India-Kerala oil swap

India is short crude oil, while Kerala is long the commodity. So it makes sense for the two entities (one of which is a subset of the other) to strike a long-term swap deal.

With oil prices being at a rather low level for the last couple of years (compared to the preceding decade or so), Kerala’s economy is in deep strife, as Mint reported. This is a consequence of a large amount of the Kerala economy being dependent on remittances from its expat workforce (35% of the state’s GDP, according to Mint), most of which is in the Gulf countries. With oil prices down, Gulf economies aren’t doing well, and being foreign workers, the expat Keralites, and consequently Kerala, is bearing the brunt of it.

With economic activity in the state reduced thanks to the withdrawal of legal tender of Rs. 500 and Rs. 1000 notes, the state is in deeper trouble, with doubts even cast on whether the state can pay salaries.

India on the whole, however, has benefited significantly from the fall in oil prices. With India a large net importer of crude oil, the drop in prices has resulted in significant easing of the pressure on the country’s current account deficit. The oil price drop has also helped in inflation dropping over the last couple of years, and since fuel is a transaction cost, has also helped in increasing economic activity.

After the oil prices dropped, experts advised the Union government to lock in the oil prices by signing long term forward agreements, in order to cushion the country’s economy against an oil price shock. The problem with striking this kind of a forward agreement is the need for a counterparty who faces the opposite risk. While investment banks can do such a deal, the margins can be high if a counterparty is not forthcoming.

With India benefiting from low oil prices and Kerala being hurt by them, the two entities should strike a long term oil swap. India can pay Kerala a fixed sum for the duration of the swap. Each month, Kerala will pay India an amount proportional to the extent by which the oil price (measured by indices such as Brent) exceeds a pre-agreed benchmark. In case oil remains below the benchmark, Kerala won’t need to pay India anything – the swap cash flows can be like an option.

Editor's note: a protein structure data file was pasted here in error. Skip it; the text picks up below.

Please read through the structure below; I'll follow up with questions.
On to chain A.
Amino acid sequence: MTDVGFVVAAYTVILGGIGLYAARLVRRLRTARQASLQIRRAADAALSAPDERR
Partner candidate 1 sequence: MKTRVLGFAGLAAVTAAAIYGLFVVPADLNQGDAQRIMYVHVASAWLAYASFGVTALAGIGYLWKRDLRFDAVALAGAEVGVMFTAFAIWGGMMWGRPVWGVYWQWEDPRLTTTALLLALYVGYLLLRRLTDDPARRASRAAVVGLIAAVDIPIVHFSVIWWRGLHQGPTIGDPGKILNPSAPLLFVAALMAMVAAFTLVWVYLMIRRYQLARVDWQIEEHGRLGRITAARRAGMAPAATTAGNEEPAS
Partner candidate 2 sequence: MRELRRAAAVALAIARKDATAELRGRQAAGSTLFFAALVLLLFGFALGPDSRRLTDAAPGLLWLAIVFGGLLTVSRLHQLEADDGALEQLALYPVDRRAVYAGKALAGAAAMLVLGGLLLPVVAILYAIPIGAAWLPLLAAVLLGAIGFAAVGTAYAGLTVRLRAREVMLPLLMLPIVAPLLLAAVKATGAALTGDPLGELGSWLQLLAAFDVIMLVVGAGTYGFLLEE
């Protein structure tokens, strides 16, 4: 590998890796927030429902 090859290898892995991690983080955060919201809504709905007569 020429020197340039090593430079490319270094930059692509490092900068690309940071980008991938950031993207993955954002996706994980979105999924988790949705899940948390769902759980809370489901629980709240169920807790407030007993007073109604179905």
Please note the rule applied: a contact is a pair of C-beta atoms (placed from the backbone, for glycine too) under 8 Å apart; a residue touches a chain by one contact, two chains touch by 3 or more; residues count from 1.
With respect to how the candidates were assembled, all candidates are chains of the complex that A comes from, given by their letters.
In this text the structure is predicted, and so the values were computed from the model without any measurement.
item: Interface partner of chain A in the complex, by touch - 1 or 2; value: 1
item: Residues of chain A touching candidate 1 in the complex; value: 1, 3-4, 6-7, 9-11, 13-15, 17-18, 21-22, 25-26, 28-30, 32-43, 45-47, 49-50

This way, both parties will benefit. India will get hurt when prices increase but some of that will get compensated by the payments by Kerala. And while prices remain low, Kerala will get compensated for the loss in remittances by the payout by the government!

Wonder why no one’s thought of this so far!

The velocity of scarce money

Ever since the Union government took Rs. 500 and Rs. 1000 notes out of circulation last week, my consumption patterns have changed. Rather, I still consume the same things but I’ve changed my habits in terms of purchase. Not having the patience to stand in line at a bank or ATM, my inflow of Rs. 100 notes is close to 0. And I’ve been trying to keep my outflow close to that number as well.

So rather than shopping at the local vegetable market, I’ve been buying online on BigBasket, where I can pay using credit card. My grocer always took credit cards, so I continue to buy from him. I take Uber instead of auto rickshaws, and pay for my fuel purchases using credit cards. I’ve told my cook and maid I’ll pay them this month by bank transfer (they have PMJDY accounts).

The point I’m trying to make is that I’m trying to conserve my scarce hard currency, and have changed my purchase patterns to do so. And I’d expect everyone else to do the same, including people who are more into the so-called “cash economy”.

Plenty has been written about how the decision to withdraw notes can be seen as a monetary shock. Read Ajay Shah’s excellent take on it here, though Ajit Ranade argues that in the context of broad money it cannot be classified as a monetary shock. In a cash economy, the short term reduction in the availability of cash can result in sharply lowered economic activity.

In monetary terms, economic activity can be described as the product of the “quantity of money” (there is no one good definition of it) and the “velocity of money” (the rate at which money changes hands by way of enabling economic activity). Lower economic activity can be a result of either low money supply, or due to low velocity of money (see my old piece in Mint on how the 2008 financial crisis was characterised by low velocity of money).

While much has been written about the decrease in quantity of money thanks to money withdrawal, the velocity of money following the withdrawal is also a key variable to take into account. On the one hand, thanks to reasons I described above (scarcity of currency notes), velocity of physical currency is likely to go down. People are going to use it only when absolutely necessary, and not for discretionary purchases.

On the other, the velocity of money in the form of bank deposits is also likely to go down. While those that are experienced in using the banking system might be using the system more for transactions nowadays, a large amount of the currency being deposited is going into accounts of people who are not used to transacting using the banking system. And this money is likely to sit quietly and not contribute to economic activity (unless banks use it to lower lending rates and expand credit), implying a drop in the velocity of money from the banking system.

So both monetary counts taken together, a drop in economic activity in the near future is likely. Hopefully banks will cut lending rates (in the last couple of years, cut in policy rate has hardly been passed on to ordinary customers) in the near future (once they have the bandwidth to do so) to get us out of this drop.